"It's great. I come home, I have lunch, watch TV for 30 minutes and go back to work," said Johnson, who now fills the tank of his Jeep once every two weeks. "It's almost like hitting the lottery."

Johnson said that in his experience, the rigors of commuting have more to do with congestion than distance. He said that when he lived in Silver Spring, he and his girlfriend both had 16-mile commutes — his to Washington and hers to Elkridge. Hers took 25 minutes, Johnson said, while his took more than an hour.

Aldona Glemza of Catonsville has had a similar experience. She said that for 18 years she drove 17-18 miles from her home to Towson via the congested west side of the Beltway, with a commute averaging 45 minutes but often exceeding an hour. Now she works in Linthicum and says she averages 13 minutes using back roads.

"This has changed my life," she said. "My stress levels have gone down and I have more time in my day for other things."

At the other end of the spectrum are commuters such as Rafi Guroian, one of more than 100,000 Marylanders with a commute of 90 minutes or more.

Guroian starts his morning by leaving his home in Southeast Baltimore around 6 a.m. He drives 10 minutes to 15 minutes to Penn Station and catches a 6:17 a.m. MARC train to Washington. From Union Station he typically walks a half-hour to his NASA job near L'Enfant Plaza, finding that the Metro doesn't get him there much faster. He usually arrives about 7:30 a.m. In the evening he reverses his steps — taking another 90 minutes out of his day.

But the 32-year-old Guroian, who also finds time to chair the MARC Riders Advisory Council, said the slog pays off.

"The salaries in Washington are in many cases much higher than what you get in the Baltimore area, and the cost of living is so much better [in Baltimore], it's almost a no-brainer," he said.

Guroian accepts that three or four times a year he's likely to run into major MARC delays that will make his commute far more brutal. "I reason that it's no different than if I were living in Columbia and stuck on [Interstate] 95 or [U.S.] 29 because of some accident," he said.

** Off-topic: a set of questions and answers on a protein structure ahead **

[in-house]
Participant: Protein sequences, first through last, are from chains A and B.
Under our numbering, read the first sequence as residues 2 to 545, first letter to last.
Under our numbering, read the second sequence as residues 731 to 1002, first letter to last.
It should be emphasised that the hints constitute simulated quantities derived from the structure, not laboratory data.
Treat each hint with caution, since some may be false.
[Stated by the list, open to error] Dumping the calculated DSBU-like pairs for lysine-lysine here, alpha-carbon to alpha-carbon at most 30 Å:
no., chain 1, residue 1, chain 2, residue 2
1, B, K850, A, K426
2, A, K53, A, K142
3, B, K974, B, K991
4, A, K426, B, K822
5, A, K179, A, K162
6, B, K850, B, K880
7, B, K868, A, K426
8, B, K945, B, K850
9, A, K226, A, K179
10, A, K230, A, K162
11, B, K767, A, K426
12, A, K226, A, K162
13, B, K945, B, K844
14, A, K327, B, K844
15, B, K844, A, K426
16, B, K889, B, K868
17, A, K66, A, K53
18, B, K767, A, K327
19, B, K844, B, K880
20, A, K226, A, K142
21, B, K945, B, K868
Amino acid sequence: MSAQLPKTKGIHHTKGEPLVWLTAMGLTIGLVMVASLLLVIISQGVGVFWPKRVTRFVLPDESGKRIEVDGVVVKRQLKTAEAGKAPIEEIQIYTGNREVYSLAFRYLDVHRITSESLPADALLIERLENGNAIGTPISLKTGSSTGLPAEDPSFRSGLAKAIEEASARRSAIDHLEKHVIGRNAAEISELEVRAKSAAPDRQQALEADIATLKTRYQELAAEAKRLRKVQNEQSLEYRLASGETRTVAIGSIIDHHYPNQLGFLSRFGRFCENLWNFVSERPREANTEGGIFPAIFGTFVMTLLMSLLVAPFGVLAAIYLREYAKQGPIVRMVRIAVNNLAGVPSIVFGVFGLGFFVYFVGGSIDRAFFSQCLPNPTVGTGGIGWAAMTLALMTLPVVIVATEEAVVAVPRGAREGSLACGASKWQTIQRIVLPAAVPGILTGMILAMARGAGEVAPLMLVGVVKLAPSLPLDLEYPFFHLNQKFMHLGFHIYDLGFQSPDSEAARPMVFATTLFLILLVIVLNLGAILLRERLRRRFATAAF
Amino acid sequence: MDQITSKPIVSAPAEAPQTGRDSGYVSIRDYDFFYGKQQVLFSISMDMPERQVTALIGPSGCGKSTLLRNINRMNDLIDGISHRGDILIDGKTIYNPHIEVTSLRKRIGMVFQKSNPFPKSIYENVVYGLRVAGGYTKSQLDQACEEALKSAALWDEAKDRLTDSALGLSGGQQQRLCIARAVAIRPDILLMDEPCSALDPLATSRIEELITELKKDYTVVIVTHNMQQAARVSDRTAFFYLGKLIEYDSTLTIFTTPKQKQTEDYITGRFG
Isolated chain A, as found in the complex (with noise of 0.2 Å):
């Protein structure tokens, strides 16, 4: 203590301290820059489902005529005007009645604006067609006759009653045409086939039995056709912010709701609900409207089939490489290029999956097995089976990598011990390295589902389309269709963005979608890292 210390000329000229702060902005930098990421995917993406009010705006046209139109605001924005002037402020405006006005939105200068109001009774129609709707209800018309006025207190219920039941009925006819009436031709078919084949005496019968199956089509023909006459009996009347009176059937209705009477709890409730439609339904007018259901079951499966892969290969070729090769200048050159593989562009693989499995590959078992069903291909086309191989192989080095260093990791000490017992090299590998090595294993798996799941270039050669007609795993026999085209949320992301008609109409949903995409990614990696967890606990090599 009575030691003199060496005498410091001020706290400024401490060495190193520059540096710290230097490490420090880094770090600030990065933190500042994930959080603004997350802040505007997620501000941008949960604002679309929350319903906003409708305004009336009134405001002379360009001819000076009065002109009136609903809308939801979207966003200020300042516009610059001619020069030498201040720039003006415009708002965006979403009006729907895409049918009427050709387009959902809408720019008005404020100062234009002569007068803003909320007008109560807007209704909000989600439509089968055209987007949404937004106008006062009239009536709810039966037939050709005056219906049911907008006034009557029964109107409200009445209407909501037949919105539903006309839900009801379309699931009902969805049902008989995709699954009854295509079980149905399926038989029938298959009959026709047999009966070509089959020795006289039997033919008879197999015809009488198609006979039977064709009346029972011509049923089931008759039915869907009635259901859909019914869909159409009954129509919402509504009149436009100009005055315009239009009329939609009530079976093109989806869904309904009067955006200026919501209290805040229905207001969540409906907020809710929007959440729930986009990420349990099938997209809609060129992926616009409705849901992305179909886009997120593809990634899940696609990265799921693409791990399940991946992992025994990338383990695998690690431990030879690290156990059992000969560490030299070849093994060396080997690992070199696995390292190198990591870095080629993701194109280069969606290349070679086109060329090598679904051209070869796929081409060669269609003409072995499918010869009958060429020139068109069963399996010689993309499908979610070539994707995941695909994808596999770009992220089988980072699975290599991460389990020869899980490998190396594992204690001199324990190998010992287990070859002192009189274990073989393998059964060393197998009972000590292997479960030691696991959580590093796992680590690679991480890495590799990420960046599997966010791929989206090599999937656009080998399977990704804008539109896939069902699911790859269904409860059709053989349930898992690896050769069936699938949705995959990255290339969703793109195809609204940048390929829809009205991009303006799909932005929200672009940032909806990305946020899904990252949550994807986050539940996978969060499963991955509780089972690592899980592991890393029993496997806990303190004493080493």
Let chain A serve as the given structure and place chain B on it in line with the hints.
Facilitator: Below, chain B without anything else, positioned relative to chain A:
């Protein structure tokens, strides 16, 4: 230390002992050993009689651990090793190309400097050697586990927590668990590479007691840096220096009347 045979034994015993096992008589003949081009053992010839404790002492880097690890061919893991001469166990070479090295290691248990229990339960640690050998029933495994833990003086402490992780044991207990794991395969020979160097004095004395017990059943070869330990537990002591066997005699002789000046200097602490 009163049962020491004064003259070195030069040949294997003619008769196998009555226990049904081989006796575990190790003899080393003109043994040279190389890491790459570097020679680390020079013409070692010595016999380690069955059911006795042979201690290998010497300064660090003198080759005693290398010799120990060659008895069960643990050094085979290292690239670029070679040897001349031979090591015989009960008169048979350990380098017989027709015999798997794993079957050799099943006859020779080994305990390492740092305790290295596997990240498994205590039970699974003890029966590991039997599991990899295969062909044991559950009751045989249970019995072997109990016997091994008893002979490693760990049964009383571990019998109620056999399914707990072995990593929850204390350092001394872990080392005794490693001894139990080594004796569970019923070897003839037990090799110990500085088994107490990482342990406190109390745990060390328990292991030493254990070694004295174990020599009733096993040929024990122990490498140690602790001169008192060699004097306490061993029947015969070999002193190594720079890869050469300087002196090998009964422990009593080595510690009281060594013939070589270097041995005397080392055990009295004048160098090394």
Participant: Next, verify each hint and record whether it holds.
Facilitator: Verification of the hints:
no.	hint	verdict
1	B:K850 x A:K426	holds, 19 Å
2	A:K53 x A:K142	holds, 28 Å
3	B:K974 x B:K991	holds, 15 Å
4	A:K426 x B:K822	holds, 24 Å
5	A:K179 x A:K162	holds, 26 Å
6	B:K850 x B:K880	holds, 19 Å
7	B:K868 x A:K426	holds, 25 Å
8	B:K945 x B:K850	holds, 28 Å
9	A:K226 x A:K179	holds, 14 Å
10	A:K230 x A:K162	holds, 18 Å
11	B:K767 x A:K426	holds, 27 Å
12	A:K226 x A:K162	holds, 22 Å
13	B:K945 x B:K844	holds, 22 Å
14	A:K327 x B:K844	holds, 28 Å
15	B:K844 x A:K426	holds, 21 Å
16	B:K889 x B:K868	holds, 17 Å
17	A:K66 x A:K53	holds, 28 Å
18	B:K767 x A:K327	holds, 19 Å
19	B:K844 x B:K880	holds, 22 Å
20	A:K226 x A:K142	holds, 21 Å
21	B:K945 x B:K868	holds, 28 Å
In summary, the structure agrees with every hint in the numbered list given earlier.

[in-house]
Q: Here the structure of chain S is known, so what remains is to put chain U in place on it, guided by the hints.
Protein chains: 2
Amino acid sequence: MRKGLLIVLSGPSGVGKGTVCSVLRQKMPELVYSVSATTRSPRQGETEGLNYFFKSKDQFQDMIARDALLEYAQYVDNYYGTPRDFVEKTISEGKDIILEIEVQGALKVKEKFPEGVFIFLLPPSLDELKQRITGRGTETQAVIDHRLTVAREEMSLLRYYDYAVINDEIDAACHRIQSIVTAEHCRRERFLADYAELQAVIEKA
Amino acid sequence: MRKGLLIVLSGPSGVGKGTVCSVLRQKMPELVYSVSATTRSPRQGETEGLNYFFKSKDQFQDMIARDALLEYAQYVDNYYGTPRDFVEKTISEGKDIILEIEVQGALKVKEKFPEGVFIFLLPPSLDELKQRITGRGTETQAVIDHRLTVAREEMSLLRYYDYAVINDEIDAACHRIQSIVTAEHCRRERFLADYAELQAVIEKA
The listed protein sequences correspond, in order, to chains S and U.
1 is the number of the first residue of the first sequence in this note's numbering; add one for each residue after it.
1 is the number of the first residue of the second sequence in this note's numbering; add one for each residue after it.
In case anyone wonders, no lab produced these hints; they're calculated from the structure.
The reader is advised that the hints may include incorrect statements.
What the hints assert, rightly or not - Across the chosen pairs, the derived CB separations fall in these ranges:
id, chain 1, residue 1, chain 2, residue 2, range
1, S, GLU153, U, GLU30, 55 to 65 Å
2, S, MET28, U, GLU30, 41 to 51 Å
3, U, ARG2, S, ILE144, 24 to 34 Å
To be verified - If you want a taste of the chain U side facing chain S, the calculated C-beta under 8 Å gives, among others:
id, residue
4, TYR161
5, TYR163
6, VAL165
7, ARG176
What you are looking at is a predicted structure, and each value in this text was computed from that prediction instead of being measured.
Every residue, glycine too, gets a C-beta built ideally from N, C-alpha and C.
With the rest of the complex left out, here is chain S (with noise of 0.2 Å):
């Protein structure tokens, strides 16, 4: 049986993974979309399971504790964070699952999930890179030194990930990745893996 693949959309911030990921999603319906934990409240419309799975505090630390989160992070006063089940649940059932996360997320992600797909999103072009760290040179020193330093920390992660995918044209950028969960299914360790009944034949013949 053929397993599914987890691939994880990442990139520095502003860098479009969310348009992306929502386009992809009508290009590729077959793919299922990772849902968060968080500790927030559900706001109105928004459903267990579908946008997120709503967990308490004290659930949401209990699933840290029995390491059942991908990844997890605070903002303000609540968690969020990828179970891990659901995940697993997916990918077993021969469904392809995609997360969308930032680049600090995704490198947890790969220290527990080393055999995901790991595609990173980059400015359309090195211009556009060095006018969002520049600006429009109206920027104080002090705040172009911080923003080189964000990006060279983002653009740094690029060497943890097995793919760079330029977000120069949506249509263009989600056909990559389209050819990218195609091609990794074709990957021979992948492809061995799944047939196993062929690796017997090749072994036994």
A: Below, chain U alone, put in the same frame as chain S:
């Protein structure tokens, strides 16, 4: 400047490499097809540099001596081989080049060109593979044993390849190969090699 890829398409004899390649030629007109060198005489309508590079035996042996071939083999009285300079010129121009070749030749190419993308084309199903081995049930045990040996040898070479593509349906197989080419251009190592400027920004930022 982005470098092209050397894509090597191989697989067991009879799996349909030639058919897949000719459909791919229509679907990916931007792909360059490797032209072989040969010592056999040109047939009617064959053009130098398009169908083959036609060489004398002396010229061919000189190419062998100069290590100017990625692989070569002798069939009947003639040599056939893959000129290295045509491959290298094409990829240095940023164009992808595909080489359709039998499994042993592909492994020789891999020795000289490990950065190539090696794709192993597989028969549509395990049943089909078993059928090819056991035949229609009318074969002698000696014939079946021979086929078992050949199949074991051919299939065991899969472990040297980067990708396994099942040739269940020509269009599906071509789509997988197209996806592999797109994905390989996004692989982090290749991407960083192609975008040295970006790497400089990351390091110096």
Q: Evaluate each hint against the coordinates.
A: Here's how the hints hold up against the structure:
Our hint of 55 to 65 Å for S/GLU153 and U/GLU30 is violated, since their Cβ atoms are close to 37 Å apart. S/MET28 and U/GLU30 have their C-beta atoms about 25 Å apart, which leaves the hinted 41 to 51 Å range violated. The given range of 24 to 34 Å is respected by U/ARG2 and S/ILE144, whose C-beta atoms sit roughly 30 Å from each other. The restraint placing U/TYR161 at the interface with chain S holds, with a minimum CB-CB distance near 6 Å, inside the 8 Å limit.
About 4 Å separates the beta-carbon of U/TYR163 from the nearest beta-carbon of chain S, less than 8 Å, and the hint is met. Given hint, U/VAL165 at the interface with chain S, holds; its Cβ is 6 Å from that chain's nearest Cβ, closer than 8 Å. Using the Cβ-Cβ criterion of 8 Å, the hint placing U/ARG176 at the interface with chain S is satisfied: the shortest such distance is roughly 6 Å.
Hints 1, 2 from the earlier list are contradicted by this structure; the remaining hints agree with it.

Anirban Basu, chief executive of the Baltimore-based economic consulting firm Sage Policy Group, said there are many reasons for the commuting patterns in Maryland but that they differ around the state.

In the Washington suburbs, he said, the percentage of time-consuming commutes is inflated by the area's high dependence on mass transit, which typically takes longer to make connections. He said it's exacerbated by virtually standstill conditions on several major highways — such as Interstates 495 and 270 — at peak travel times.

In Baltimore, Basu said, development patterns tend to lengthen the time it takes to get to work.

"Commutes have become longer as more people move to the suburbs and a significant number of jobs have remained in the city in government, finance and health care," he said.

Jack Cahalan, spokesman for the Maryland Department of Transportation, said the state is using "every tool in the toolbox" to promote shorter commuting times and ease the longer ones. He pointed to the state's commitment to promoting transit-oriented development, which is intended to cluster employment centers and housing around transit hubs, as a way to let people live closer to where they work.

To ease longer commutes, Cahalan pointed to such projects as construction of the Inter-county Connector — intended to reduce drive times between the Interstate 95 and 270 corridors — and the Express Toll Lanes being added to I-95 outside Baltimore. On the mass transit side, he said, Maryland is moving forward with light rail initiatives such as the Red Line in Baltimore and Purple Line in the Washington suburbs.

Cahalan said the state's commuting times are more than a matter of transportation policy. He said they are affected by land use, planning, personal choices, the proximity of Washington and Maryland's overall prosperity.

"A vibrant economy in a region with wealth places substantial demands on a transportation network. That is, in many ways, a trade-off that we and other regions of the country in a similar situation have to face," Cahalan said.

But Basu said there is a significant downside to Maryland's penchant to drawn-out commuting.

"There is the cost in time away from family and from work, which reduces happiness and productivity," he said.

Those costs are likely to increase over the years, Basu said.